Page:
Scarce data are available in Italy on the burden of LGV. In 2008 and 2014 two case reports have described anecdotal cases, both in MSM [11, 12]. Moreover, to our knowledge, between 2009 and 2014 only two studies have been conducted in Italy to assess the prevalence of anal CT Lb2 serovar infection among MSM. The prevalence of this serovar among asymptomatic individuals attending urban STI Clinic in Turin and Bologna was 1.4% and13.1%, respectively [7, 13]. One of these Italian studies also showed CT-DNA in 9.4% of 2660 anal swabs [7].

Generally, the individuals with anal CT Lb2 serovar infection show a history of neglected symptoms at anal level. In fact, signs and severe discomfort related to long lasting proctitis were found in 86.5% of MSM infected by L2 serovar in Turin [7]. Consistently, a long lasting unrecognized anal syndrome was identified also in the MSM diagnosed with LGV at our center in 2015–2016.

Both in Turin and in our study the majority of LGV cases observed in MSM were diagnosed in HIV-infected individuals on cART (i.e., 95% of cases in Turin and 100% in Rome). The fact that all the cases recently diagnosed have been observed in MSM suggests that anal mucosa could represent an efficient reservoir for CT infection in the MSM community and explain the maintenance of an elevated risk of secondary transmission of infections, particularly among HIV-infected patients.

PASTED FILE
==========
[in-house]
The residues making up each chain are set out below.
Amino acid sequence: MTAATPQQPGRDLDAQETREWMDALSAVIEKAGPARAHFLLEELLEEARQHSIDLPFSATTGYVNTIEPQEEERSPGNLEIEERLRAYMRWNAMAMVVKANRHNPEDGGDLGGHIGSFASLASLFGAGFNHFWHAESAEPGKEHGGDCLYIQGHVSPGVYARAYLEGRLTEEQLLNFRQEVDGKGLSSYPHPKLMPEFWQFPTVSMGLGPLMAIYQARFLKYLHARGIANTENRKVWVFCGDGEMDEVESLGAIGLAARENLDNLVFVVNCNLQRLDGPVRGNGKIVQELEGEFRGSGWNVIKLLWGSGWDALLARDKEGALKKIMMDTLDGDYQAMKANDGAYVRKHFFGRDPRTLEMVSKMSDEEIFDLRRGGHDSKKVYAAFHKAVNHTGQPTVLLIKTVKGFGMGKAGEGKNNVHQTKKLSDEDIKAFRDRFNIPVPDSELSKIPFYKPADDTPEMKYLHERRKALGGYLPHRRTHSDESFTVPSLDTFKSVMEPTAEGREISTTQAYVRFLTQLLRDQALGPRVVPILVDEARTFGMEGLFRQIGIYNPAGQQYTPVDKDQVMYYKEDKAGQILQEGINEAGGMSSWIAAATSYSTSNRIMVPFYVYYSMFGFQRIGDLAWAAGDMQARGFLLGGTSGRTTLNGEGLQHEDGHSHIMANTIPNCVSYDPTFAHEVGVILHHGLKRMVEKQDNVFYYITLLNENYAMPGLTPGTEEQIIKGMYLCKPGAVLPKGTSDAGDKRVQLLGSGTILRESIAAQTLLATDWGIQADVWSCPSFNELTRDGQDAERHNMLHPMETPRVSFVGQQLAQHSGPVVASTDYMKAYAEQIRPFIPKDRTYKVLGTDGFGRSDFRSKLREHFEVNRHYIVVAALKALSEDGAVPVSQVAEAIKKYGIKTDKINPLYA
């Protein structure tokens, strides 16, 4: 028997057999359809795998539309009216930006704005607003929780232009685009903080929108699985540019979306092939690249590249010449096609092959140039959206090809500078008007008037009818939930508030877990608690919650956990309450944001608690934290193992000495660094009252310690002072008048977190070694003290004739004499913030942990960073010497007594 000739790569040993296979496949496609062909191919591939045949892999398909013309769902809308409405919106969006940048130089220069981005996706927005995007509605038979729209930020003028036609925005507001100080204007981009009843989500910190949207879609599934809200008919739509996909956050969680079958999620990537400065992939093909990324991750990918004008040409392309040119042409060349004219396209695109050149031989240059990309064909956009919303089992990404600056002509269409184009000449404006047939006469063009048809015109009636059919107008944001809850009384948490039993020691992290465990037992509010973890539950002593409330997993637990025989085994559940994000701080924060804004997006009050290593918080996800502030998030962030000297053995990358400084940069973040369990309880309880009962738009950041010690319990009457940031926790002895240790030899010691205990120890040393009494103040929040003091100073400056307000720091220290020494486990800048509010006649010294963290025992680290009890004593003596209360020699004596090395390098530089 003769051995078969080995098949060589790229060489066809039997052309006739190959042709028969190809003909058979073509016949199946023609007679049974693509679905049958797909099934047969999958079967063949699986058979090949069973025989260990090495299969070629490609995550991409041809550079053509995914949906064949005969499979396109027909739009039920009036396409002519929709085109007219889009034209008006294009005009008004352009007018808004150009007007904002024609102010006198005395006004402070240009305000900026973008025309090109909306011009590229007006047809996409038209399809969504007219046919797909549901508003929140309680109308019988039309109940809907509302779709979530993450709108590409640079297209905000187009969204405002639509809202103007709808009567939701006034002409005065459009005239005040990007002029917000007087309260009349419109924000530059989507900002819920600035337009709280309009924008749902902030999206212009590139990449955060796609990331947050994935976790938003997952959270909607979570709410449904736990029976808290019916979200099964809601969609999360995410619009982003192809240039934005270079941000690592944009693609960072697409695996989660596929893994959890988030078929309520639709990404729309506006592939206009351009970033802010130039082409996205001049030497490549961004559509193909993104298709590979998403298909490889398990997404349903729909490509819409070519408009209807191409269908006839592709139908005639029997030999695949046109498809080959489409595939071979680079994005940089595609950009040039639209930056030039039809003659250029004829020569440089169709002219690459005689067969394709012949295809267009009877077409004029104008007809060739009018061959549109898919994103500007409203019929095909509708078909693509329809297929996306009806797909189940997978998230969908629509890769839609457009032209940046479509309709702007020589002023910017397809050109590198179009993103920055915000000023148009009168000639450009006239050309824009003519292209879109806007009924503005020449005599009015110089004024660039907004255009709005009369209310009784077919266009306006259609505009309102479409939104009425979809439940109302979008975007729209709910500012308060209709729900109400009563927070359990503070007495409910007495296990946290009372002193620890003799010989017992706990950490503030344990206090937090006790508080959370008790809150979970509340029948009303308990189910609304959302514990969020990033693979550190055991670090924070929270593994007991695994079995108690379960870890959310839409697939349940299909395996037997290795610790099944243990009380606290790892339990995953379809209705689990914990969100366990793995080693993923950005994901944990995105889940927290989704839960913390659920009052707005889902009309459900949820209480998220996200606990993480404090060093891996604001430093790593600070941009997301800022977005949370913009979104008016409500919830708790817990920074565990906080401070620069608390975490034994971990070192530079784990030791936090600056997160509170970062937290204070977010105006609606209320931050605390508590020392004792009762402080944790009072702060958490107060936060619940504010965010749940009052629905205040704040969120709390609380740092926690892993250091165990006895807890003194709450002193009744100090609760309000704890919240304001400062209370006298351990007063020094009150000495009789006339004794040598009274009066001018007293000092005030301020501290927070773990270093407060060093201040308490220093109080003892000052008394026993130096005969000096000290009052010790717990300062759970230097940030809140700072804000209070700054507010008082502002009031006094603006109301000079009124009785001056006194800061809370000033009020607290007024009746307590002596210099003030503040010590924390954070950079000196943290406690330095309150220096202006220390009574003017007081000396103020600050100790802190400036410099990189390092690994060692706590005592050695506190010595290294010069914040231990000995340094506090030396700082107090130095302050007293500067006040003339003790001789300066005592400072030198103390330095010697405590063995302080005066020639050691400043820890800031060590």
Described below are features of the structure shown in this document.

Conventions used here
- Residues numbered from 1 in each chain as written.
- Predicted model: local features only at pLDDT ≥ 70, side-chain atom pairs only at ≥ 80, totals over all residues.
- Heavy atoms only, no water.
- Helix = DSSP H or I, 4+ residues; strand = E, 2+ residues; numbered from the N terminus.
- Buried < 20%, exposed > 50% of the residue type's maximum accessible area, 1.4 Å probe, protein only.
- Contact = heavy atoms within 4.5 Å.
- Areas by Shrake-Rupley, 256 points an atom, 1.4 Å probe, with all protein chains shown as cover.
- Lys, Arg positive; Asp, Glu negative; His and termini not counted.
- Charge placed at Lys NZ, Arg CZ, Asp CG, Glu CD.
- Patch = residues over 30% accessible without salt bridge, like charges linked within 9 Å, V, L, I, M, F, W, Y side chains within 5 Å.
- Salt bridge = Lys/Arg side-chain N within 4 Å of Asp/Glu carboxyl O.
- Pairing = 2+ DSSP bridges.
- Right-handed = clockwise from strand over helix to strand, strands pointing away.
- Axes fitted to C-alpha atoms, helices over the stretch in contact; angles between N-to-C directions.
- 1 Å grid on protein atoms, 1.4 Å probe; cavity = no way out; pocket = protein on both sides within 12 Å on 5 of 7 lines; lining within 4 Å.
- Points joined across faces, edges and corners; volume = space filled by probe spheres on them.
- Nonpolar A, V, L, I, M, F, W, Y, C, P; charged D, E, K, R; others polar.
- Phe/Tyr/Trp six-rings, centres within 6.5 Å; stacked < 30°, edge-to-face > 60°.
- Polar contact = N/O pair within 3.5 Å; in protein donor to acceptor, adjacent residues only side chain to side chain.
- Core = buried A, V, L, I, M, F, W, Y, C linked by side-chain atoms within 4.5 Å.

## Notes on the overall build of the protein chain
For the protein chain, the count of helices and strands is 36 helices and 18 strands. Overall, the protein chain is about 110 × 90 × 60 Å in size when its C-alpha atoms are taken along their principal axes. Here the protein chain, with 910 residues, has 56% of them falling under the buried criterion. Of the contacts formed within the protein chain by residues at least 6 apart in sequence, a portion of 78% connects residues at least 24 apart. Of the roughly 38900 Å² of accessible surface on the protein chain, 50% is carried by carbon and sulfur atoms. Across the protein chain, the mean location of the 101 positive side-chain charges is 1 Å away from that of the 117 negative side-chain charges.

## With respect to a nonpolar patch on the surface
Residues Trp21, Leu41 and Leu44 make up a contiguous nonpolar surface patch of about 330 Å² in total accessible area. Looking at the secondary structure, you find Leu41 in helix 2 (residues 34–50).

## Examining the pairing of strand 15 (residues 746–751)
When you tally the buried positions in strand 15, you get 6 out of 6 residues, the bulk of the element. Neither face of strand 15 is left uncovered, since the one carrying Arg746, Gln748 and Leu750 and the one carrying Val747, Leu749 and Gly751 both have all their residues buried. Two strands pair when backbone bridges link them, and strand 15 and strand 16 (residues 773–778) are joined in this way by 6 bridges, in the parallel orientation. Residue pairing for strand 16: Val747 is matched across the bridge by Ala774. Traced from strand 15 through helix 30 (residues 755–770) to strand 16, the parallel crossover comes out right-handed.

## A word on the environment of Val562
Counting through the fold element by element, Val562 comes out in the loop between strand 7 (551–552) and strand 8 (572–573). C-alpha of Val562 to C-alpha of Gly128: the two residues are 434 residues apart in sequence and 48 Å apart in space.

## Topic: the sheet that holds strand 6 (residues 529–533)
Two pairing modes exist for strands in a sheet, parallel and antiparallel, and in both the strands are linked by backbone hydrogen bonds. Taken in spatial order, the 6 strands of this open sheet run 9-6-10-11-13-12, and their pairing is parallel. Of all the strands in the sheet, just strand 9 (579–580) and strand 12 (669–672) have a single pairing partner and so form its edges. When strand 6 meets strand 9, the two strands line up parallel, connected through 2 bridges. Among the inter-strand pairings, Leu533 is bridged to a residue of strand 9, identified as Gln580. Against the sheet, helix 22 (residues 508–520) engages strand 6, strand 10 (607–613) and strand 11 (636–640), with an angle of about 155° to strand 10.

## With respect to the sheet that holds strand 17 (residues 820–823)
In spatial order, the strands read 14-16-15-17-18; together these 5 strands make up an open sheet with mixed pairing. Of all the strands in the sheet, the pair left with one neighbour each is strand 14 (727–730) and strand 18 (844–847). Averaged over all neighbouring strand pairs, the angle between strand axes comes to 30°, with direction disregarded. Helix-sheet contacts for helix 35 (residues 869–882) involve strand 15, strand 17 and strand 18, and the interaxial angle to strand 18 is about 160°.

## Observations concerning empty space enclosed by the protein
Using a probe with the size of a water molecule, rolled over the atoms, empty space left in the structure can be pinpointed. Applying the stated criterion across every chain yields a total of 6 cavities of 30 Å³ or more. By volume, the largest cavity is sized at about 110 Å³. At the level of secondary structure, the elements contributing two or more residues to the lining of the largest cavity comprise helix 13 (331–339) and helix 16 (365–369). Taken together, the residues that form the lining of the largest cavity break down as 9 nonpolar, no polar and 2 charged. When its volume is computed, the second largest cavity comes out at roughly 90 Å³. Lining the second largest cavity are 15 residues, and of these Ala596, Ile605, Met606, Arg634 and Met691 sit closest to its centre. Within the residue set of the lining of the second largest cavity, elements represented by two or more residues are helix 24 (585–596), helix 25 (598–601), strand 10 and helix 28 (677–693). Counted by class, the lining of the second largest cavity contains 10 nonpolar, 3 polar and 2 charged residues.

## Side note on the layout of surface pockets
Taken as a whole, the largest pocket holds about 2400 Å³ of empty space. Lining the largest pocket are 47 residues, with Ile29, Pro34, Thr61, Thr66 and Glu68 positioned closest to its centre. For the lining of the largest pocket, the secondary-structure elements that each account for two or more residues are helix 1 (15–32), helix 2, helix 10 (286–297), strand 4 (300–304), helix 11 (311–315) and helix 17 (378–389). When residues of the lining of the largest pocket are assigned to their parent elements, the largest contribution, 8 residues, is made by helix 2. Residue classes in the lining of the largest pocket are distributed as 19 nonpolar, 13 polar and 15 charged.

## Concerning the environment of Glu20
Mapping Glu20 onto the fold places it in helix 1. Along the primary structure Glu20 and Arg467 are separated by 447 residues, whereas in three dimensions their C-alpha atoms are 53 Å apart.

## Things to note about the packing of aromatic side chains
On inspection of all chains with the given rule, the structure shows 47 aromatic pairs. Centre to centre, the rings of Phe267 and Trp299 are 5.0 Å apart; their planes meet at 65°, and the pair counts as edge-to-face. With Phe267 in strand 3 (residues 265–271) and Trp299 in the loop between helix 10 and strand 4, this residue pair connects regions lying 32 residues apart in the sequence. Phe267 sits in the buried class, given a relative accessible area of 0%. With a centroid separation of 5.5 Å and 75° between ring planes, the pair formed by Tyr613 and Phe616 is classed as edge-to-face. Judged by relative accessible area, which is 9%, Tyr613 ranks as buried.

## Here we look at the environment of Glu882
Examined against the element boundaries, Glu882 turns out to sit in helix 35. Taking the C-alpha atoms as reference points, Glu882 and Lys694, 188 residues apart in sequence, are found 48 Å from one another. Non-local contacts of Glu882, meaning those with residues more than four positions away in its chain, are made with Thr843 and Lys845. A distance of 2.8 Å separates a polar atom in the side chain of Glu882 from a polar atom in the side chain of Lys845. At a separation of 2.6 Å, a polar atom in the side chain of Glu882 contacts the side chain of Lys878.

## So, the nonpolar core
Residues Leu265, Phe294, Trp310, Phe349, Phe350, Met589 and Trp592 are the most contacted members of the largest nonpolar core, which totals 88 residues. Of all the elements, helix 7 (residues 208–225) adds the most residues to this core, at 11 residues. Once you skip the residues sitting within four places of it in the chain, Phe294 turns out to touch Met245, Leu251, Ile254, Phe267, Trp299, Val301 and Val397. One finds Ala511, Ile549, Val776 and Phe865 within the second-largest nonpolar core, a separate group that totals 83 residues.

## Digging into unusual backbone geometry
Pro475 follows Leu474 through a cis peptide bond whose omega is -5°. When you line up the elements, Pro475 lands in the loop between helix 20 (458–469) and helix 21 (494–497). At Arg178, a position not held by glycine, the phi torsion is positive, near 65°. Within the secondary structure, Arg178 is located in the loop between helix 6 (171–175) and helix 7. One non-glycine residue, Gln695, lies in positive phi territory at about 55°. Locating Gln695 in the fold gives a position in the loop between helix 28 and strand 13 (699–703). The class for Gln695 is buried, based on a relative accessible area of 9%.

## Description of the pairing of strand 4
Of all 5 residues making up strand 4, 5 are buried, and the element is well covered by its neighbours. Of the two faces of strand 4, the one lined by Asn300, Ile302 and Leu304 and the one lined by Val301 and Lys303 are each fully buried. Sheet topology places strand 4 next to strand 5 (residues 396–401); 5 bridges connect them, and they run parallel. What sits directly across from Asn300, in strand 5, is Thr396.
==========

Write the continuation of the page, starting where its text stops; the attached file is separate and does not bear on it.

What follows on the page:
Notably, the LGV proctitis in our case series was mainly observed in individuals who referred specific receptive anal practices (fisting, sharing of sex toys). As also previously described by others, these sexual practices may play a major role in the spread of STIs among MSM [14, 15]. In fact, they may cause a higher risk of parenteral exposure, thus enhancing the circulation of CT L2b serovar. Sexual behaviour at greater risk is generally reported by “LGV-repeater” patients, i.e., those with LGV re-infections, commonly reported (5.2% of prevalence among all LGV diagnoses) in “endemic” countries, such as UK, and among HIV-positive MSM [16].